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12-16-2012, 09:22 PM #1
Firing Harbaugh would set a great example
It doesn't matter how successful you are or for how long. Once you have your first vaguely disappointing season, you're out of here.
What kind of coach is going to want to join the Ravens if we fire Harbaugh this year? Talk about no margin for error. It's horrible business model, of course. We don't want to be like the Raiders. We also don't want to be so blinded by the Super Bowl that we act like a consistent winner has a ceiling below that just because the team has lost a few very close playoff games. It's the most dangerous mentality a team can have, and it has destroyed quite a few consistent winners in the past who actually made the bold move to fire their coach.
Hindsight says Harbaugh supposedly inherited a perfect (5-11) situation. Nevermind the fact that the team was so fundamentally flawed, so old, and with a locker room so out of control. There was potential for sure, but expectations were relatively poor and the only way the team would be successful was a) if the crucial flaws on offense were mitigated and b) if the locker room could be controlled the way it wasn't in 2007. Both of those things happened, and the Ravens made it to the AFC championship game. And they never stopped winning after that. Somehow, they were able to do that with a supposedly substandard coach.
Talent only gets you so far. Many people want to act like the quarterback and the head coach are both problems for this team. If that's the case, there's no way the defense and running game would be able to lift two liabilities all the way up to Super Bowl contention. If you can name a team that was consistently in contention without a genuine strength in either of those two departments, I'd love to know who did it.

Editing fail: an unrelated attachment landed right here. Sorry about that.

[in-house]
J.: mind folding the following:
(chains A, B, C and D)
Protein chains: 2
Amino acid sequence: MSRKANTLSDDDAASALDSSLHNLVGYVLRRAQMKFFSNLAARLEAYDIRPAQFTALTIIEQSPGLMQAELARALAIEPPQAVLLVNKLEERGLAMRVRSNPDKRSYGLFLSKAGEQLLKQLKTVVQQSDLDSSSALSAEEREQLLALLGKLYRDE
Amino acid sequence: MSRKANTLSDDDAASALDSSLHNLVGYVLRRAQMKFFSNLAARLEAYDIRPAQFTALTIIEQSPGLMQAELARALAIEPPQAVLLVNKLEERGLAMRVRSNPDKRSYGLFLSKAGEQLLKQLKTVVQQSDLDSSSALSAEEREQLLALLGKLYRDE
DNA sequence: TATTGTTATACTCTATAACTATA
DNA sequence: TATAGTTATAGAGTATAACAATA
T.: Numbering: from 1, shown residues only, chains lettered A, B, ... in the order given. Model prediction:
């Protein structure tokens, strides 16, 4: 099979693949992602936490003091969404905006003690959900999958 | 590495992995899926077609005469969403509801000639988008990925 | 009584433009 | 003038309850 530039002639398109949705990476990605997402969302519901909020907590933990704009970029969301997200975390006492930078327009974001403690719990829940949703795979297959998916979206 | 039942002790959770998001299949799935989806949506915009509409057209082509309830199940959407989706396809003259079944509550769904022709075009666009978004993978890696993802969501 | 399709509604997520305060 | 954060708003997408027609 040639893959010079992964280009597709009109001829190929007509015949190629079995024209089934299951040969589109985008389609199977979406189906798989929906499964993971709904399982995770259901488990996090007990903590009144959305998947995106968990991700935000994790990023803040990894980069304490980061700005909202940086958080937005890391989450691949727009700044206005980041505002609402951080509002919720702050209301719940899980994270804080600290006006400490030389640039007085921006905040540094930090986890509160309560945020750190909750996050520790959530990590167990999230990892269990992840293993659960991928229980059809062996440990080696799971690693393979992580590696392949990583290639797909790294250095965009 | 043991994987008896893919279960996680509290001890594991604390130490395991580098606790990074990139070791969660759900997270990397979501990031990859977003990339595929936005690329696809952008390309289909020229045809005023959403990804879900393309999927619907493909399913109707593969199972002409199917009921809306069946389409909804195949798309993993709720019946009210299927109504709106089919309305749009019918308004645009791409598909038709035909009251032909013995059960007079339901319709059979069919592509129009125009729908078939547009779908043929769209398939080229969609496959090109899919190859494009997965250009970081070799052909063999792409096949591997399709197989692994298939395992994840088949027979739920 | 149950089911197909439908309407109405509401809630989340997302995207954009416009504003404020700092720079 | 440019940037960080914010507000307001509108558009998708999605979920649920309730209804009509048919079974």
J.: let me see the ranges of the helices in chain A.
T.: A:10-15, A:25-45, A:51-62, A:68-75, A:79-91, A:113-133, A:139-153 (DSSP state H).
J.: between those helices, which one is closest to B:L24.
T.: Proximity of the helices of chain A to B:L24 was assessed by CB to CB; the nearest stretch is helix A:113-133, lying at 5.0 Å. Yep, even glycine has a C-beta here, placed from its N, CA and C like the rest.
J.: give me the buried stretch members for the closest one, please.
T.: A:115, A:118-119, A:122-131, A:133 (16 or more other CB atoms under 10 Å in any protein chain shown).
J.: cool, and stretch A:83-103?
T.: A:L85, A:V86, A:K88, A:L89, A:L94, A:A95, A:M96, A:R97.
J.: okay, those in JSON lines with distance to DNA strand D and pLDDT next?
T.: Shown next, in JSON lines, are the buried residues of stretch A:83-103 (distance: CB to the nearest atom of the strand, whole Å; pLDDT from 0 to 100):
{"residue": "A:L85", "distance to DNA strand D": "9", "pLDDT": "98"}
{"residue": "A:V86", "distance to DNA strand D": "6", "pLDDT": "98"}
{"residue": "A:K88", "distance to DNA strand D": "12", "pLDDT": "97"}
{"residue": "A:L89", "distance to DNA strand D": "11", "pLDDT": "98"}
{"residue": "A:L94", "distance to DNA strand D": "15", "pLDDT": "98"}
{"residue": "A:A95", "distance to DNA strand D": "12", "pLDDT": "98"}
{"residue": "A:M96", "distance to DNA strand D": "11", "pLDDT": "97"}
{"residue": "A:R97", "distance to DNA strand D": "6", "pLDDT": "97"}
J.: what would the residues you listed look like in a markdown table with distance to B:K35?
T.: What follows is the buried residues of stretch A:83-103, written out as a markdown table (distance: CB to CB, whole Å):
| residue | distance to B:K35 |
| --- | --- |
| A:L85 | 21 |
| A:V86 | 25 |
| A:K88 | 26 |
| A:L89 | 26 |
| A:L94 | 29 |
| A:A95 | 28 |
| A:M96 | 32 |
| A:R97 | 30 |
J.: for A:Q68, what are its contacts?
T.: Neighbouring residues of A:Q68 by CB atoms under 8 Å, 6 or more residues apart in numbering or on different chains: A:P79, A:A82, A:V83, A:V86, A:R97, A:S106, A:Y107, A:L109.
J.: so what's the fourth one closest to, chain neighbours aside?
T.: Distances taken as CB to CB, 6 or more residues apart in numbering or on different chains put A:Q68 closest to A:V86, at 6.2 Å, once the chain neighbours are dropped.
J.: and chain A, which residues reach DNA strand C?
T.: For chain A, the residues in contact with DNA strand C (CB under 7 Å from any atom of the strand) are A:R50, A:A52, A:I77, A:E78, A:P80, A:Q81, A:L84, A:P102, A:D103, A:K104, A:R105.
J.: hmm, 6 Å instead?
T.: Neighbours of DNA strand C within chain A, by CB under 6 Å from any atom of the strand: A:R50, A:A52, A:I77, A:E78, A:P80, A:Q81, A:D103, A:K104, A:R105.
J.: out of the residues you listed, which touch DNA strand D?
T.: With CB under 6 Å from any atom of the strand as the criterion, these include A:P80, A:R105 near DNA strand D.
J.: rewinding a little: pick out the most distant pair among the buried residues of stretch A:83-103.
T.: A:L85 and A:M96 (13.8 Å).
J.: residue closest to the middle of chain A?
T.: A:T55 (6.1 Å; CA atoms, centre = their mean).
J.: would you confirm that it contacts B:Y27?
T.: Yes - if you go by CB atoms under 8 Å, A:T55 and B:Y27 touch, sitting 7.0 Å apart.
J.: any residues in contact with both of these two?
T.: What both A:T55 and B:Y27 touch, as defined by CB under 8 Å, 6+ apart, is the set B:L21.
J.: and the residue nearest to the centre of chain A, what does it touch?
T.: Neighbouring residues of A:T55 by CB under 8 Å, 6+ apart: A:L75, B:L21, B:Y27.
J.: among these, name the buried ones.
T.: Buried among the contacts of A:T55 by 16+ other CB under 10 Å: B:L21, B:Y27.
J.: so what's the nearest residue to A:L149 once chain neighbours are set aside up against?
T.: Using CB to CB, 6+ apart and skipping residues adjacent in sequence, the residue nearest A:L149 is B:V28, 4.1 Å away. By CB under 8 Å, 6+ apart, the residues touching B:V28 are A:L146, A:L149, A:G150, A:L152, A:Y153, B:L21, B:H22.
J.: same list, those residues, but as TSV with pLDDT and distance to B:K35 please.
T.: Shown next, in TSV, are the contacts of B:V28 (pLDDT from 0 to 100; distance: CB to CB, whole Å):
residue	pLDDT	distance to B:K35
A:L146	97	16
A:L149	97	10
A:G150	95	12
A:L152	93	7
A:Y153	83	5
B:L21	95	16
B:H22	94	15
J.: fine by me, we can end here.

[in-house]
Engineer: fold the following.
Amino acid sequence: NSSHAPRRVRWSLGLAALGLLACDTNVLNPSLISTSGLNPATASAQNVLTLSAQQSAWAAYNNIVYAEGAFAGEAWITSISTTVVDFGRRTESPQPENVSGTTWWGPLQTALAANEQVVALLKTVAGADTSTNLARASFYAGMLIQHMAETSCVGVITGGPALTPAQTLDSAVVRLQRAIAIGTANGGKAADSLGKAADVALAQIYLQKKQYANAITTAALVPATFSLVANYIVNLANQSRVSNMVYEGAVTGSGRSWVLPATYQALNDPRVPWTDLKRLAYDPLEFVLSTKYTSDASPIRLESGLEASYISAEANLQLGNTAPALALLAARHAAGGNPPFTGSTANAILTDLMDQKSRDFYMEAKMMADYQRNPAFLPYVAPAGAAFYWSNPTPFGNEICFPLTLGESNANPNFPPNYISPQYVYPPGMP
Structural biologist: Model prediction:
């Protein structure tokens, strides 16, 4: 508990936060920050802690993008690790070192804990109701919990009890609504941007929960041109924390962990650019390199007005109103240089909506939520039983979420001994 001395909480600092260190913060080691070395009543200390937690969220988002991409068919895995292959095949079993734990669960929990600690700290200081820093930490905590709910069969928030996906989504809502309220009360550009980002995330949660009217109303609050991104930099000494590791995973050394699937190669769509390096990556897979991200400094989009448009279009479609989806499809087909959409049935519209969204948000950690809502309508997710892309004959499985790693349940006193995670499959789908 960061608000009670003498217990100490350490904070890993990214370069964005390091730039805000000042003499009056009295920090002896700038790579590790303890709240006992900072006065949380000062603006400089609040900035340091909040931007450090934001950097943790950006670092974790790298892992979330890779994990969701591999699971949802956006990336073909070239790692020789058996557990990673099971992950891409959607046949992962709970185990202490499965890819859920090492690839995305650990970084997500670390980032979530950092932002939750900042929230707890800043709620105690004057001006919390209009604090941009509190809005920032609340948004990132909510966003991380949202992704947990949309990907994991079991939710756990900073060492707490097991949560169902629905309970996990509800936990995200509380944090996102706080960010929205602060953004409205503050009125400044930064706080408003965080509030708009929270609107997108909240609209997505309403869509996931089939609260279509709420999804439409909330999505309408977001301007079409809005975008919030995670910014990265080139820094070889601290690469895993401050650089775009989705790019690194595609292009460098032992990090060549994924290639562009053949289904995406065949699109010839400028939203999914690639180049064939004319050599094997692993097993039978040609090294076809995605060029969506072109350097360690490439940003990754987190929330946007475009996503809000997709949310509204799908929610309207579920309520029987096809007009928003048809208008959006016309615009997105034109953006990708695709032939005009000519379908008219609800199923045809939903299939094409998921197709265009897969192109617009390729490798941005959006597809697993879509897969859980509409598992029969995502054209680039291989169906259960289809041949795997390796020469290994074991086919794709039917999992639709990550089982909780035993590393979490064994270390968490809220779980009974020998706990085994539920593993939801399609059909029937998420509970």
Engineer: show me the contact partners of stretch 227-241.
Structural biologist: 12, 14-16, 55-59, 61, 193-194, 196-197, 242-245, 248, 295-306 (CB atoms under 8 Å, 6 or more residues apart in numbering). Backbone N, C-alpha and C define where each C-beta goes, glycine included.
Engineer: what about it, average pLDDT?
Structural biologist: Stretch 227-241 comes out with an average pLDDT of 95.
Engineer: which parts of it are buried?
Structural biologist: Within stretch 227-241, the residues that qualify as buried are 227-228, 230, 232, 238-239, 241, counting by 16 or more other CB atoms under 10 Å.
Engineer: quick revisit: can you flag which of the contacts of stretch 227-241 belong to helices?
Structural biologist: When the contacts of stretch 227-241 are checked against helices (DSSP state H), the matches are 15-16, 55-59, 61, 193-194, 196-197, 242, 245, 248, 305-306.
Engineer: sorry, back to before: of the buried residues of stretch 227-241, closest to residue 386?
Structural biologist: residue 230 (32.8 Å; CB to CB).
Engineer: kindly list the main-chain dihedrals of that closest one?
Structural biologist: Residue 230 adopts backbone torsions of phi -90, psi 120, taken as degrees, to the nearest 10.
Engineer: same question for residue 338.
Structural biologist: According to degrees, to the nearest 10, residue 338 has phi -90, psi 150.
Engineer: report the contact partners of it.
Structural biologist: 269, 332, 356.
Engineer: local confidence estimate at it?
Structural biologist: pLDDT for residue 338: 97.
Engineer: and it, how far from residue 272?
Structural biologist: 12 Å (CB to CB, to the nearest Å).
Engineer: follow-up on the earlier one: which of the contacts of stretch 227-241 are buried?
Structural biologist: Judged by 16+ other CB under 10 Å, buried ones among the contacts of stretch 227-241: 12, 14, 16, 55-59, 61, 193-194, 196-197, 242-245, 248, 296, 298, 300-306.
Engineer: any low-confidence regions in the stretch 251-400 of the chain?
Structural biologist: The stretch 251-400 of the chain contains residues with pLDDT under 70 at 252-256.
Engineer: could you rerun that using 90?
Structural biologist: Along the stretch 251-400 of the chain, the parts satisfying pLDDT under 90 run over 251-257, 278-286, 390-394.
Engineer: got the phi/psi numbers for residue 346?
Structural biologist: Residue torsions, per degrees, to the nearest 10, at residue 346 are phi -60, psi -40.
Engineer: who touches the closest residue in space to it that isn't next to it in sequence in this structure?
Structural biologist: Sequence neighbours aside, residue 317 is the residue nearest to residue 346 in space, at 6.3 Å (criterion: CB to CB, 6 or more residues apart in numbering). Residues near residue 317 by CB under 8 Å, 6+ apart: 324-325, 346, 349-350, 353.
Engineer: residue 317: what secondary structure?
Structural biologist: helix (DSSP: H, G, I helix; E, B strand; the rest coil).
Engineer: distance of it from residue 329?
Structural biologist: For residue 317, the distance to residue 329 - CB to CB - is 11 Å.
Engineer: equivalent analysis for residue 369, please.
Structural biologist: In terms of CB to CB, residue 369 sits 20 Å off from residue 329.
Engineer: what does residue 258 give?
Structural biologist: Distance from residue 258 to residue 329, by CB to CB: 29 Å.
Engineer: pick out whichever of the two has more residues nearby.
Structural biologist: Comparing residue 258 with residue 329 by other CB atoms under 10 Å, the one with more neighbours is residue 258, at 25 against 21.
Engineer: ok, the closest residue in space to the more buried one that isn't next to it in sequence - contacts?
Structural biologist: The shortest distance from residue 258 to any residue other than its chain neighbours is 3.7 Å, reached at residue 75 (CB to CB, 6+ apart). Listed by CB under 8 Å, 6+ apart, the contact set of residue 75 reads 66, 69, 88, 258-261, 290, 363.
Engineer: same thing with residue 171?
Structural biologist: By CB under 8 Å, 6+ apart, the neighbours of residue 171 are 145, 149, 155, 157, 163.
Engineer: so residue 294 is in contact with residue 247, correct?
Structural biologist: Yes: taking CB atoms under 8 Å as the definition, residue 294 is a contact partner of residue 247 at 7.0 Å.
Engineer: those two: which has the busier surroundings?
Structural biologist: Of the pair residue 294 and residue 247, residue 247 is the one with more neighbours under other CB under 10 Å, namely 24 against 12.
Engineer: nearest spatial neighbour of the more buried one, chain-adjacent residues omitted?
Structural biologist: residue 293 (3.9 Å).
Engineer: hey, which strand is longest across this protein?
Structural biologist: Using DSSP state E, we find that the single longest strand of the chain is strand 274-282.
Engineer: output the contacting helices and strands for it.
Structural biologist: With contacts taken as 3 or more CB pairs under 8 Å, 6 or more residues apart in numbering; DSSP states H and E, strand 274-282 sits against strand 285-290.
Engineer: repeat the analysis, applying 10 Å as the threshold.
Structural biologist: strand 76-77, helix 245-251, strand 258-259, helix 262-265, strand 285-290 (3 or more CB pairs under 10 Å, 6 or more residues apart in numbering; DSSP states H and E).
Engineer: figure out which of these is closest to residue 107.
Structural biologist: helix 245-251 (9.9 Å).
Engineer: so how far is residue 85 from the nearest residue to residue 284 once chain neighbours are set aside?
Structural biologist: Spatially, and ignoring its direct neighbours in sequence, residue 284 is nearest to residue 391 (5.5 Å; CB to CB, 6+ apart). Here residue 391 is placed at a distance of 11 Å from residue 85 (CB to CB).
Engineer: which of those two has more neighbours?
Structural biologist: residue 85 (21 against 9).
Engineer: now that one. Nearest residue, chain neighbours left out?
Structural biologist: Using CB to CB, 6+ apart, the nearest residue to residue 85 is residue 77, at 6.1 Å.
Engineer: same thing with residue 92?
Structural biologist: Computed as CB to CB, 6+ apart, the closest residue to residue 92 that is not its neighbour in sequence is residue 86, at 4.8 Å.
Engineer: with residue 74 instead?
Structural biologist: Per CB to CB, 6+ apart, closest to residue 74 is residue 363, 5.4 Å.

And that leads us to 2012, where let's be honest - the talent isn't really there, either. I'm actually not blaming Ozzie for this one, at least not to the point where he should be criticized too harshly. The Ravens have been completely decimated by injuries. The QB play has been questionable and arguably below average, the defense has collapsed, the coordinators are both widely panned...yet the team is still 9-5. How do you explain that? Luck? Perhaps. But it only goes so far (the point differential is still alright) and not all of it has been positive - look at certain circumstances in the three close losses this year. The schedule? Perhaps. But the Ravens have still played a wide array of solid opponents and pulled off wins in some of them. Every part of this team has been criticized this year, but the 9-5 record confirms that some of those criticisms are unjust. Knowing what we know about this team, I think the coach is one example of misjudgment. If a team isn't showing dominance on either side of the ball but is winning anyway, how can the coach not play a positive role in their success?
The fact that Harbaugh was a special teams coach gave people the perfect opportunity to never give him credit for anything. The impact of the head coach is based so much in subtleties. How he prepares a team for games, how they prepare and focus themselves emotionally, how united they are in achieving their goals. None of this is easily noticeable. None of it can be analyzed on a replay. But it absolutely shows in a team's results. And if there's any . Clock management and challenges are miniscule in comparison (not to mention EVERY fan base thinks their coach is terrible at it). On the largest scale - as an organization - the Ravens are run like a well oiled machine. That has a lot to do with the owner, of course. The GM, too. I have a hard time believing the head coach isn't a necessary element to that as well. It's not about what we see, it's about what we don't see - that's why we've been able to have so much success with a coach whose qualifications aren't as visible on the most superficial level.